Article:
The Joining Forces Alliance (JFA), a global alliance of child-focused international non-government organizations advocating for a renewed commitment of governments to achieve the rights of children calls the attention of the Philippine government on the rising number of Filipinos, children included, who experienced hunger amid the COVID-19 pandemic. In the survey conducted by the Social Weather Stations (SWS) in May 2020, Filipinos experiencing hunger doubled to 16.7 percent compared to 8.8 percent in December 2019, accounting for around 4.2 million individuals.
The JFA is alarmed and calls for urgent government action to halt the increase in the number of children becoming undernourished due to hunger and food insecurity brought about by the loss of income and livelihoods among parents and guardians resulting from COVID-19 quarantine restrictions.
According to a UNICEF study released in 2019, 95 children die from malnutrition in the Philippines every day, and 28 out of 1,000 Filipino children do not reach the age of 5. Meanwhile, a third of Filipino children are stunted, which can be permanent and even fatal when it occurs beyond 2 years of age. The World Health Organization (WHO) also published a study that showed being underweight is a predisposing factor to 45% to 52% of deaths among under-5 children. During emergencies and disasters, when hunger is more acute, children especially those from marginalized and vulnerable groups are twice more likely to die due to preventable diseases such as diarrhea and pneumonia with undernutrition as a predisposing condition. Children with disabilities are two to three times more likely to be malnourished.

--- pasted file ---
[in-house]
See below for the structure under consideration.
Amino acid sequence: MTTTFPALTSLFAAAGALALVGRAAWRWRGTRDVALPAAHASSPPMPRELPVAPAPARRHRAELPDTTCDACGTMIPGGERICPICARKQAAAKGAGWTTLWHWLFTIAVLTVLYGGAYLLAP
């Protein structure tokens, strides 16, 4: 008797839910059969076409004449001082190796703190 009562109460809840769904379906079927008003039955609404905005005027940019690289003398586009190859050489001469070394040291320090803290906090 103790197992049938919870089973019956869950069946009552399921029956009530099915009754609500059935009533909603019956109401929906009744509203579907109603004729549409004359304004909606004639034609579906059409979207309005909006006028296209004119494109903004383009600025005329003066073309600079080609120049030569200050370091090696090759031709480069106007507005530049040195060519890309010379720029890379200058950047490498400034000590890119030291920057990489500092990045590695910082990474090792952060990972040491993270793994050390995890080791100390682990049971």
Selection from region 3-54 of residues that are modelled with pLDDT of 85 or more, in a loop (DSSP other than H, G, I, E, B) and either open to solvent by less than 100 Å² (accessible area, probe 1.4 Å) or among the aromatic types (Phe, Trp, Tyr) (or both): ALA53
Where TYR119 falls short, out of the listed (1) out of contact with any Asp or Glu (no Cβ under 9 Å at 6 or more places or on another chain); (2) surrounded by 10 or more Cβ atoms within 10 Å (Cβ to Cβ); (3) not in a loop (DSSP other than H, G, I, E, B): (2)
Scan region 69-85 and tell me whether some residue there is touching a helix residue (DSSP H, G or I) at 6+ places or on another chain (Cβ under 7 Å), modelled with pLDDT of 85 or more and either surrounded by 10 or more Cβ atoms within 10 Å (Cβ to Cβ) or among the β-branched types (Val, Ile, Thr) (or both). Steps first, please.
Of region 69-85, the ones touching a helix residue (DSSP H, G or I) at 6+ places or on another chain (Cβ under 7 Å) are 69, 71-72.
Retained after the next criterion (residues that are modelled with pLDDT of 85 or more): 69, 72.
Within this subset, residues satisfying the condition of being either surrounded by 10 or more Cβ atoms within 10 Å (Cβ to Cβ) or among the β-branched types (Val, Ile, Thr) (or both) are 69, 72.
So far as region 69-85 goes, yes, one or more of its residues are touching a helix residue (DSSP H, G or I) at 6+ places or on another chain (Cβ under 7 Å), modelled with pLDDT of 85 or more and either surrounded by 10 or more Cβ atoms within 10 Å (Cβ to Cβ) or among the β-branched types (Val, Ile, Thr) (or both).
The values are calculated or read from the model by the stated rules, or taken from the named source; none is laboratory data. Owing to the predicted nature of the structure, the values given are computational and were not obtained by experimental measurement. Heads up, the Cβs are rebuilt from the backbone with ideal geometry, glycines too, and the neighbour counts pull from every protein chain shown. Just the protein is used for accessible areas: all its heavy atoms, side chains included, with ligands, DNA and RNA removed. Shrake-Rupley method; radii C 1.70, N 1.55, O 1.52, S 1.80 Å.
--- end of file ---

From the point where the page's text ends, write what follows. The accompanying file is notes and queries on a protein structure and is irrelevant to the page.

The WHO estimates that 16,000 Filipino young children die each year because of suboptimal breastfeeding and inappropriate complementary feeding practices. Infants who are not exclusively breastfed are prone to undernutrition and are 14 times more likely to die compared to those who are breastfed. However, even breastfeeding practices are affected during emergencies when families and communities are displaced, and breast milk substitutes are sometimes distributed as part of food or relief packs. Children, along with pregnant and lactating women as well as adolescents, suffer the most from rising hunger in the country as their physical requirements for adequate food and proper nutrition must be met to ensure their survival and health during the pandemic.
Considering the present health crisis, the JFA calls for the continuation of health, nutrition, and other essential care and services for children, along with pregnant and lactating mothers, and adolescents who suffer the most from rising hunger in the country as their physical requirements for adequate food and proper nutrition must be met to ensure their survival and health during the pandemic.
It is in this light that, we, the Joining Forces Alliance, appeal to the government to support continued access of children, pregnant and lactating mothers, and adolescents to health, nutrition, and other essential care and services during the pandemic.
To minimize risks for children from the infection by:
To sustain and even intensify the delivery of health programmes and services, specifically by
As a signatory to the United Nations Convention on the Rights of Children, the Philippine government is mandated to uphold the rights of children to survival, development, protection, and participation. In this crucial period of the COVID-19 pandemic, we appeal to the government to undertake concrete actions to prioritize the health and survival of our children.